Operating Systems: A Design-Oriented Approach 
by Charles Crowley

Operating Systems: A Design-Oriented Approach is a text for a junior or senior level class in operating systems. It covers the standard topics that one expects in such a course. It has several novel features that are described below.

Simple Operating System and Simulator

The book contains code for a simple operating system. There is a simulator that will allow you to compile and execute this code. For more information see the Simple Operating System Home Page.

There is also a Java version of this simulator. You can get the java files, compiled class files, documentation, and html files in zip format from] Java SOS distribution in zip format. or in gzipped tar format from Java SOS distribution in UNIX tar and GNU gzip format. Or you can run directly the Java version of SOS.

Code from the book

Look here to get the code from the book.

Supporting documents

There are several documents to support instructors using the book. These include a list of errata, notes for instructors, and lecture notes.

Here are three supportingdocuments in Microsoft Word format. I also have a link to an html version of each.

Here are PowerPoint presentations for each of the chapters in the book.

Main Features of the Book

The external operating system interface is described first.
Many students come to an operating system class without a clear understanding of what an operating system really does. These students should understand how operating system services are used before learning how these services are implemented. To deal with this problem, the book begins with a discussion of a simple set of system calls (similar to those used in UNIX). Example programs using these calls are given, and a simple shell program is used to integrate the examples.
Use of code
Concepts or case studies? There have always been two approaches to the operating systems class. The first approach is the concept or theory approach, which concentrates on the basic conceptual issues in the design of operating systems. These courses discuss each of the basic problems in operating systems design and the range of common solutions to those problems. The concepts books are mostly text and diagrams with little code. The second approach is the case study method which concentrates on an example operating system that is simple but complete. The example books contain a lot of code and spend a lot of pages explaining the code in detail.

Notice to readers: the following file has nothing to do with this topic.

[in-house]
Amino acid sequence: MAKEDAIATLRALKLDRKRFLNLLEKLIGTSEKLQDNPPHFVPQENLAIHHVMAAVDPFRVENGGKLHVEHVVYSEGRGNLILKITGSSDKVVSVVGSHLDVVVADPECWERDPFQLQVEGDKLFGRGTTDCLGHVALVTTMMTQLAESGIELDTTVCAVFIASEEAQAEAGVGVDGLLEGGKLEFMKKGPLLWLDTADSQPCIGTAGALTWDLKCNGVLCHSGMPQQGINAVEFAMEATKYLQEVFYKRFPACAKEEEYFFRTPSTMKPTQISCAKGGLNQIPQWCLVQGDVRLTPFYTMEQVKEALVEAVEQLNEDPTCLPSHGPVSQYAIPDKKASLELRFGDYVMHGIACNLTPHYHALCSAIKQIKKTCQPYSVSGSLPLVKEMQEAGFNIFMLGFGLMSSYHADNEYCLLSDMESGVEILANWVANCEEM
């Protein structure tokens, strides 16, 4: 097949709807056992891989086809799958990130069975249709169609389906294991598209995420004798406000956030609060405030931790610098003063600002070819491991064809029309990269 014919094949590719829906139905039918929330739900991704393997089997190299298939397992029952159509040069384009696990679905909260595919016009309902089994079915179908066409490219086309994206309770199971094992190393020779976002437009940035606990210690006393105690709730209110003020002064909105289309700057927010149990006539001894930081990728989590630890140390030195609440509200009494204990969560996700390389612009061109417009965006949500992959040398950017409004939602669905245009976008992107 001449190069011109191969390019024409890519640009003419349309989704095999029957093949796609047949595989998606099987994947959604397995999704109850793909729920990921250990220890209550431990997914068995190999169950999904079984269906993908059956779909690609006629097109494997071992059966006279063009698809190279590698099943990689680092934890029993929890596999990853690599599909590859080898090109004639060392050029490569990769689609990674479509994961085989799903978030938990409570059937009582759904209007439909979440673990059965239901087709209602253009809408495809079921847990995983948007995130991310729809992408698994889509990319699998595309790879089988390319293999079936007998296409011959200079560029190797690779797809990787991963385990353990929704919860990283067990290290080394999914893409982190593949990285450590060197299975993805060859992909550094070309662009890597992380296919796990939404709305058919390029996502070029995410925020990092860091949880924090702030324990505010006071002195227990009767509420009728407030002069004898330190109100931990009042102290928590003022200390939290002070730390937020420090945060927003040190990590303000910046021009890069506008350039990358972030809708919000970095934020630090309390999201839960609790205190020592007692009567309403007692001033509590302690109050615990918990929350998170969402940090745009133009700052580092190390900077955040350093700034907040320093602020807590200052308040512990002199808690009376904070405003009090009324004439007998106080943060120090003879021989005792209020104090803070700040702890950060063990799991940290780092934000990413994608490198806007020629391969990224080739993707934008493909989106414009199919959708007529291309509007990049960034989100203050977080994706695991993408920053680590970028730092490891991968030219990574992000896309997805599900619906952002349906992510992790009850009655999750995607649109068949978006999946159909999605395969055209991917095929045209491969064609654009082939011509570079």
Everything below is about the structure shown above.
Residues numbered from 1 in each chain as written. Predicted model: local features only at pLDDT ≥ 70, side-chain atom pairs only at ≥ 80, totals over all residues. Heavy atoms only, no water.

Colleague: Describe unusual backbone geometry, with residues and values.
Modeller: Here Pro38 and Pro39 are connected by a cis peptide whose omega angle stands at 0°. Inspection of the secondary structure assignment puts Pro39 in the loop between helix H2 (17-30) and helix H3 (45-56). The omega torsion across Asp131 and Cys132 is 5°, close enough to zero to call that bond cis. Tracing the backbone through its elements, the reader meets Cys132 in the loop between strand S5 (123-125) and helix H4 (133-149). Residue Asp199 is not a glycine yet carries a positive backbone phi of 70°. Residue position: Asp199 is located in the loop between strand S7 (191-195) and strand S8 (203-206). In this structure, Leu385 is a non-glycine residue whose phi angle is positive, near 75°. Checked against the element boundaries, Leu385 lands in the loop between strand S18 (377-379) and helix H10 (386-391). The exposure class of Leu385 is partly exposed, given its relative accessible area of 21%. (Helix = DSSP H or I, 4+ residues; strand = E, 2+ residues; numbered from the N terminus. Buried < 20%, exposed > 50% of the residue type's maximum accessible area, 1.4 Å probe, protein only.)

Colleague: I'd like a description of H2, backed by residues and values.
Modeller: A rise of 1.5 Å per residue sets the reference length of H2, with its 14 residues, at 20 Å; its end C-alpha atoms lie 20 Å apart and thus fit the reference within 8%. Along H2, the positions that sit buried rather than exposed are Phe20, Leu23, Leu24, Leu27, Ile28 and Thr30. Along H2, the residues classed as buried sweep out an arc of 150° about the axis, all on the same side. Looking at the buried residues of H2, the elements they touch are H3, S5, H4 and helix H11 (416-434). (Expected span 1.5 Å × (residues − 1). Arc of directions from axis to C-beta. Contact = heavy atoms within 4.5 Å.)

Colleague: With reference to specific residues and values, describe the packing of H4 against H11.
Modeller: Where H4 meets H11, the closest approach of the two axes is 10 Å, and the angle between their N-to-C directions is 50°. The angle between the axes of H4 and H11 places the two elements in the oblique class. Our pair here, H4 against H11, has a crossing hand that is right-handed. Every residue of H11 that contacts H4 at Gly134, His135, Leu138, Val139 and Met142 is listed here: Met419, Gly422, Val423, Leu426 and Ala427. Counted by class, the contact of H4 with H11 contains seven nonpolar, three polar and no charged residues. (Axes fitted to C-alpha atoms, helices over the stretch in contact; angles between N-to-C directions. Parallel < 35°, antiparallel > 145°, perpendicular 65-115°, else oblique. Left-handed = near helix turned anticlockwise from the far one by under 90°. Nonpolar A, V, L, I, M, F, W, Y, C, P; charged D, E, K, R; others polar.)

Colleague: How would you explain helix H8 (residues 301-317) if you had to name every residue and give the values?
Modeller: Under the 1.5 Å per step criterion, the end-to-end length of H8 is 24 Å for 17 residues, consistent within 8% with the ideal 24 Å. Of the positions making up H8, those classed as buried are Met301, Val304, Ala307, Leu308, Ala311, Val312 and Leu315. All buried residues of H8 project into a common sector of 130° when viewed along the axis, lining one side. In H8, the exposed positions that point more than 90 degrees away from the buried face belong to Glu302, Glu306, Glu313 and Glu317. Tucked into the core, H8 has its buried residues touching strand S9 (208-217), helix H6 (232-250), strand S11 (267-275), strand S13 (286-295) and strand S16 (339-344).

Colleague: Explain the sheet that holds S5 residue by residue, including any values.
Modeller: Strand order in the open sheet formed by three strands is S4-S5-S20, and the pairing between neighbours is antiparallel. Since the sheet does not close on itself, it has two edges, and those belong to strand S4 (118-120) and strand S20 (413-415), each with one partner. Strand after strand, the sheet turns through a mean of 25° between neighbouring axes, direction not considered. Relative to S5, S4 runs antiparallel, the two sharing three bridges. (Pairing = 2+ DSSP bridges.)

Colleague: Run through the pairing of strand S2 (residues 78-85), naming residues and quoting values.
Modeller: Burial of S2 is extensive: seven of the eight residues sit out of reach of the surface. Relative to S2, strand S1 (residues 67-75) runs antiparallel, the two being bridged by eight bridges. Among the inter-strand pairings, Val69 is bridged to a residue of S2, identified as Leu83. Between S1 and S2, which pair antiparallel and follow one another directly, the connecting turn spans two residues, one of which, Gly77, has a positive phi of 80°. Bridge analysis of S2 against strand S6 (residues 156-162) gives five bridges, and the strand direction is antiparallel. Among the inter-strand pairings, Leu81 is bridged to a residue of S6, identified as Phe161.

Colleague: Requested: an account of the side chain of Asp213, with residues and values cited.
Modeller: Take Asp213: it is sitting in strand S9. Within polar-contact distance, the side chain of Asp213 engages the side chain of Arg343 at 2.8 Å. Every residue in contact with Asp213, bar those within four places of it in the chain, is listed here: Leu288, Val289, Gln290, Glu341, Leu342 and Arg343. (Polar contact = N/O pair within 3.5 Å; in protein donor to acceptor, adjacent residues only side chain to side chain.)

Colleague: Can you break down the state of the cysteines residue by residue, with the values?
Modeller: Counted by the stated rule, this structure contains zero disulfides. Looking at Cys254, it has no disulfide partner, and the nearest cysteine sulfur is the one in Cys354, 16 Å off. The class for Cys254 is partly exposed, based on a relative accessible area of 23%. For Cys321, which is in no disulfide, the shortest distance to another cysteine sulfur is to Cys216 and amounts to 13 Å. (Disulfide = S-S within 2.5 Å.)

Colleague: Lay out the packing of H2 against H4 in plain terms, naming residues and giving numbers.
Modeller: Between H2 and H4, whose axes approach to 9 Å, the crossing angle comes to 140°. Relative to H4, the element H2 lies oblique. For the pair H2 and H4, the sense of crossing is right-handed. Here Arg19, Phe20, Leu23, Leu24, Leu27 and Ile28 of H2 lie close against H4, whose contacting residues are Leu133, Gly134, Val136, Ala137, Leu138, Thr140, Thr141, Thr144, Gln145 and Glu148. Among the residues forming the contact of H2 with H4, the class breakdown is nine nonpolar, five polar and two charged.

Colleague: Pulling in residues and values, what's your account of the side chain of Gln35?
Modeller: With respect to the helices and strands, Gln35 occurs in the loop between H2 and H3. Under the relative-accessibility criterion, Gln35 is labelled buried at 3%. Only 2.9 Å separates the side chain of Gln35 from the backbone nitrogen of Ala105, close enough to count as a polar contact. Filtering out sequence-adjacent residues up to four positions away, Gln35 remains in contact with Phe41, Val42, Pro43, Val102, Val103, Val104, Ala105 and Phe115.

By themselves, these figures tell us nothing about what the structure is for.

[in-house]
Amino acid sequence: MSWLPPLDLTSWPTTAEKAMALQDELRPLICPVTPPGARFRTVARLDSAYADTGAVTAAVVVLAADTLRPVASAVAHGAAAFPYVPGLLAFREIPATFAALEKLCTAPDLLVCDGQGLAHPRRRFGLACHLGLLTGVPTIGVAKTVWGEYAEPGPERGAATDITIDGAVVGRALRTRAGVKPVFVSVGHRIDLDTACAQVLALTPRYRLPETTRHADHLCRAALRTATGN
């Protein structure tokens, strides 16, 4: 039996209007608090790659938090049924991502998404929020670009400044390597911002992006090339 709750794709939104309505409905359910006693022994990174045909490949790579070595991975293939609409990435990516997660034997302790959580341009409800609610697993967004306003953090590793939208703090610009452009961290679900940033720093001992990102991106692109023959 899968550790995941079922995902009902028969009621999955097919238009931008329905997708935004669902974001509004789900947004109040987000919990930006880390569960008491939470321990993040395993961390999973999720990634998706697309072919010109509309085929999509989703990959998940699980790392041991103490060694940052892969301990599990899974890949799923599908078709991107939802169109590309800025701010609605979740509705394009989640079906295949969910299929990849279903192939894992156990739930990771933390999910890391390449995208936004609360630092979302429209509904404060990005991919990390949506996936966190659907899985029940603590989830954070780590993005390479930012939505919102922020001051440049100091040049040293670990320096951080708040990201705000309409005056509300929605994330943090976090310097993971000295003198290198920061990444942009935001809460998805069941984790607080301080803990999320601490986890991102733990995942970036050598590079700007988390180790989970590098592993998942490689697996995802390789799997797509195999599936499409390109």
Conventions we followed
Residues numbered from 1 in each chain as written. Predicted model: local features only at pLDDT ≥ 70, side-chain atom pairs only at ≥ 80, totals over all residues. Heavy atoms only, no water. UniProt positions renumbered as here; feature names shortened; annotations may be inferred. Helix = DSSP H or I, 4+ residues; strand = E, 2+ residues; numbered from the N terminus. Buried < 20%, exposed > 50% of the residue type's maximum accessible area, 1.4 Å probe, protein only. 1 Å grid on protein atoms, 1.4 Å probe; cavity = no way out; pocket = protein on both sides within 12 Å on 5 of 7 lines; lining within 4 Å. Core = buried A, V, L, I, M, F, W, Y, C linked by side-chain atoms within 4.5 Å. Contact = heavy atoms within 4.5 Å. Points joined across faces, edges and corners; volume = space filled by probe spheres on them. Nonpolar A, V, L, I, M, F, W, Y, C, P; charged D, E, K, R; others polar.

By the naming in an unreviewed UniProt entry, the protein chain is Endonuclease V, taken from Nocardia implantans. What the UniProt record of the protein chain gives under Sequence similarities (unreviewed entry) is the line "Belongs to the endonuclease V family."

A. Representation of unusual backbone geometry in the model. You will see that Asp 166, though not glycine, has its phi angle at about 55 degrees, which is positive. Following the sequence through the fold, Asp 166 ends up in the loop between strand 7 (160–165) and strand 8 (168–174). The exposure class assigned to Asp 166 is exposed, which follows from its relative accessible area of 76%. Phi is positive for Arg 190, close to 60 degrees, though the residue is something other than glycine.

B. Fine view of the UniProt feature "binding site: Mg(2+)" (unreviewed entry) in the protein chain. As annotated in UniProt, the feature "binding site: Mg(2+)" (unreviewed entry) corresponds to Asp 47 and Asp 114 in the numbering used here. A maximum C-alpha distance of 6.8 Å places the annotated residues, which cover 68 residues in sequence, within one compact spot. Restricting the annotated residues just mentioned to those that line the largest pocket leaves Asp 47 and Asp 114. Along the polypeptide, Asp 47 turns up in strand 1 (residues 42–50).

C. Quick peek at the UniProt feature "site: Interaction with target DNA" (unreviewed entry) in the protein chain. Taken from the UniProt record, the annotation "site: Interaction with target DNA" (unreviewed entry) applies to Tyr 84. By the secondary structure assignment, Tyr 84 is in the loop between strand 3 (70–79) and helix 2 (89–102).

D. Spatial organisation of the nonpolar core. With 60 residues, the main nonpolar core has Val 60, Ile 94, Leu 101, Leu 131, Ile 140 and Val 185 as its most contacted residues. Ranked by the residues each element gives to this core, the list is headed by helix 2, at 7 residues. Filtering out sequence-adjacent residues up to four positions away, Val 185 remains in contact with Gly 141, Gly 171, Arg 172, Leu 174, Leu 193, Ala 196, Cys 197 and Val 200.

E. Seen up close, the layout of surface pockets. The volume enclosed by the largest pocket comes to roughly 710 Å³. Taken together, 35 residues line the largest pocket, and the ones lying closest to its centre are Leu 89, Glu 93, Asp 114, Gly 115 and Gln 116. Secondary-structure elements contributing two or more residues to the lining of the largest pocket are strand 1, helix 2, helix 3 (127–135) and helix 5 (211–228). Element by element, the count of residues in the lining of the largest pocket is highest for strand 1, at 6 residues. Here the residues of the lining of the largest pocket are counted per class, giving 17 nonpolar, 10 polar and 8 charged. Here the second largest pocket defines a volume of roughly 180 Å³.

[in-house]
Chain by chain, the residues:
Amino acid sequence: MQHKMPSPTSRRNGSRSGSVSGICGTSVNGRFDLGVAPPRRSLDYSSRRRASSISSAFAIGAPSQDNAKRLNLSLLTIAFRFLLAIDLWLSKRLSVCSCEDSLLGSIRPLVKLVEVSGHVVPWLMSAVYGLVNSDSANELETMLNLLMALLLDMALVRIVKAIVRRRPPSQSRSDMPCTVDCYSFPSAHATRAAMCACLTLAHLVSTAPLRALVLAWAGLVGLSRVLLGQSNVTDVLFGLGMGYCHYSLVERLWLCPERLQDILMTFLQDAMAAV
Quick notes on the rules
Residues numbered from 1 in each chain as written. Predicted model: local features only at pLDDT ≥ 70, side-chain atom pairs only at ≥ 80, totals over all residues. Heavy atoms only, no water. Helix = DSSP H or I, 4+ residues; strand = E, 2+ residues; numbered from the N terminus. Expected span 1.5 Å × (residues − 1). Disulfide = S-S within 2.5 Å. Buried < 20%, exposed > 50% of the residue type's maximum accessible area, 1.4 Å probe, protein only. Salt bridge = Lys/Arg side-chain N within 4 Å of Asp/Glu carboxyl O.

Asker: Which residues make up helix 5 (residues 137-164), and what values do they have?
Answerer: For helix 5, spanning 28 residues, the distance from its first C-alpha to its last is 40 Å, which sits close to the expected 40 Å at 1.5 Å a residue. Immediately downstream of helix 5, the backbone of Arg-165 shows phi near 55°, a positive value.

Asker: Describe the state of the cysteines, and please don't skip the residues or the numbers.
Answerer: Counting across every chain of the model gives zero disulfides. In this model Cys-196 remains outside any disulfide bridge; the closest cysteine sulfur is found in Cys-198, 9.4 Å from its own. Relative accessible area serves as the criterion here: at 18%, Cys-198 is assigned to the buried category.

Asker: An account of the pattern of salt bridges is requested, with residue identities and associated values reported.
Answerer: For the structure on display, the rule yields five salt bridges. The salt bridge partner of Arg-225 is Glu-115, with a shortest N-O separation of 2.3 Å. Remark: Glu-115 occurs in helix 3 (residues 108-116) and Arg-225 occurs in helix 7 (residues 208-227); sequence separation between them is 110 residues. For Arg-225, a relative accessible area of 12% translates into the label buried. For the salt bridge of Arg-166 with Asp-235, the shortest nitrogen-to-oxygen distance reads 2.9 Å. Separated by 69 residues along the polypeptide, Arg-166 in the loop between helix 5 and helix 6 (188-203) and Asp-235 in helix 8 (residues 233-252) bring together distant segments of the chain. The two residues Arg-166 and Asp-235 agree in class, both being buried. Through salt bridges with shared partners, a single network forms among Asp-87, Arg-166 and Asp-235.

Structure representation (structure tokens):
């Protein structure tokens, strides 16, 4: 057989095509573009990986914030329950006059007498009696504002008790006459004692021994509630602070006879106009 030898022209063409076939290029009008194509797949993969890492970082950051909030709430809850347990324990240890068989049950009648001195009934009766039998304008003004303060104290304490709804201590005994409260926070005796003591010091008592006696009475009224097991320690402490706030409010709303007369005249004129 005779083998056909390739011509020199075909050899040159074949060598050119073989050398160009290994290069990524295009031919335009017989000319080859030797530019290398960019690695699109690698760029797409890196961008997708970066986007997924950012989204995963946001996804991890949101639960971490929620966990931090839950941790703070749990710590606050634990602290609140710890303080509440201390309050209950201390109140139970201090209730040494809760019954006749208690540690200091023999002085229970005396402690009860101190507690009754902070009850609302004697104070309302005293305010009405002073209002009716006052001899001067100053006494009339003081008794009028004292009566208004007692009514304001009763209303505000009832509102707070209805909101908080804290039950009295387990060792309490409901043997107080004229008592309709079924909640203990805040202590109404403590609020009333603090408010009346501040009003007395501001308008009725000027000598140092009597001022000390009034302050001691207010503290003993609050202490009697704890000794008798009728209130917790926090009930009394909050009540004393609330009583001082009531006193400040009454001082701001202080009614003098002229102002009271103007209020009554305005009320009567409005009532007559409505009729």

There are advantages and disadvantages to both approaches. Some people feel the ideal situation is to take both classes, but this is rarely possible in an already crowded computer science curriculum so one is required to make a choice.

A middle course I have tried to find a middle course between the two approaches. This book is basically a concepts oriented book with more code than is usual. I have found that seeing actual code allows the students to understand the concepts more deeply, feel more comfortable about the material, and ask questions they wouldn't have thought to ask in a purely concepts oriented course. The code does not comprise a complete operating system however and it as simple as possible in order to reduce the number of pages devoted to explaining it

Development of concepts
I have tried to show how the important ideas in operating systems developed. The concepts in operating systems have developed over many years and the current solutions were developed slowly, in several stages. Each new solution had a problem that the next solution tried to fix. I think it helps the student to understand this development and see that these ideas were not brilliant flashes of insight that came out of nowhere but ideas that were improved by many people over many years. The development was a series of good ideas, where each improvement made sense in the context in which it was developed. Seeing this development helps to understand why the solutions have their present form. In addition, it is useful to know the design constraints that caused solutions to develop into their present form because technological advances often change these constraints and old solutions, that used to be inferior, become practical again. Finally, these developments give students examples of the design process through a series of potential, but flawed solutions to a problem to a final solution that is acceptable.
Each main topic is presented in a general way and then specific examples are given from a variety of operating systems, inclduing UNIX (several versions), Mach, OSF/1, Windows NT, OS/2, MS/DOS and MacOS.
Design orientation



Few computer professionals will participate in the design of an operating system during the course of their careers. While it is important that students of computer science have a good foundation in the basic concepts in specialized areas such as operating systems, it is not necessary that every computer science student understand all the details. There are many issued which are tackled during the design of an operating system which can be generalized and applied to other areas of computer science. In this book, I attempt to focus on these design issues and their implications for other areas.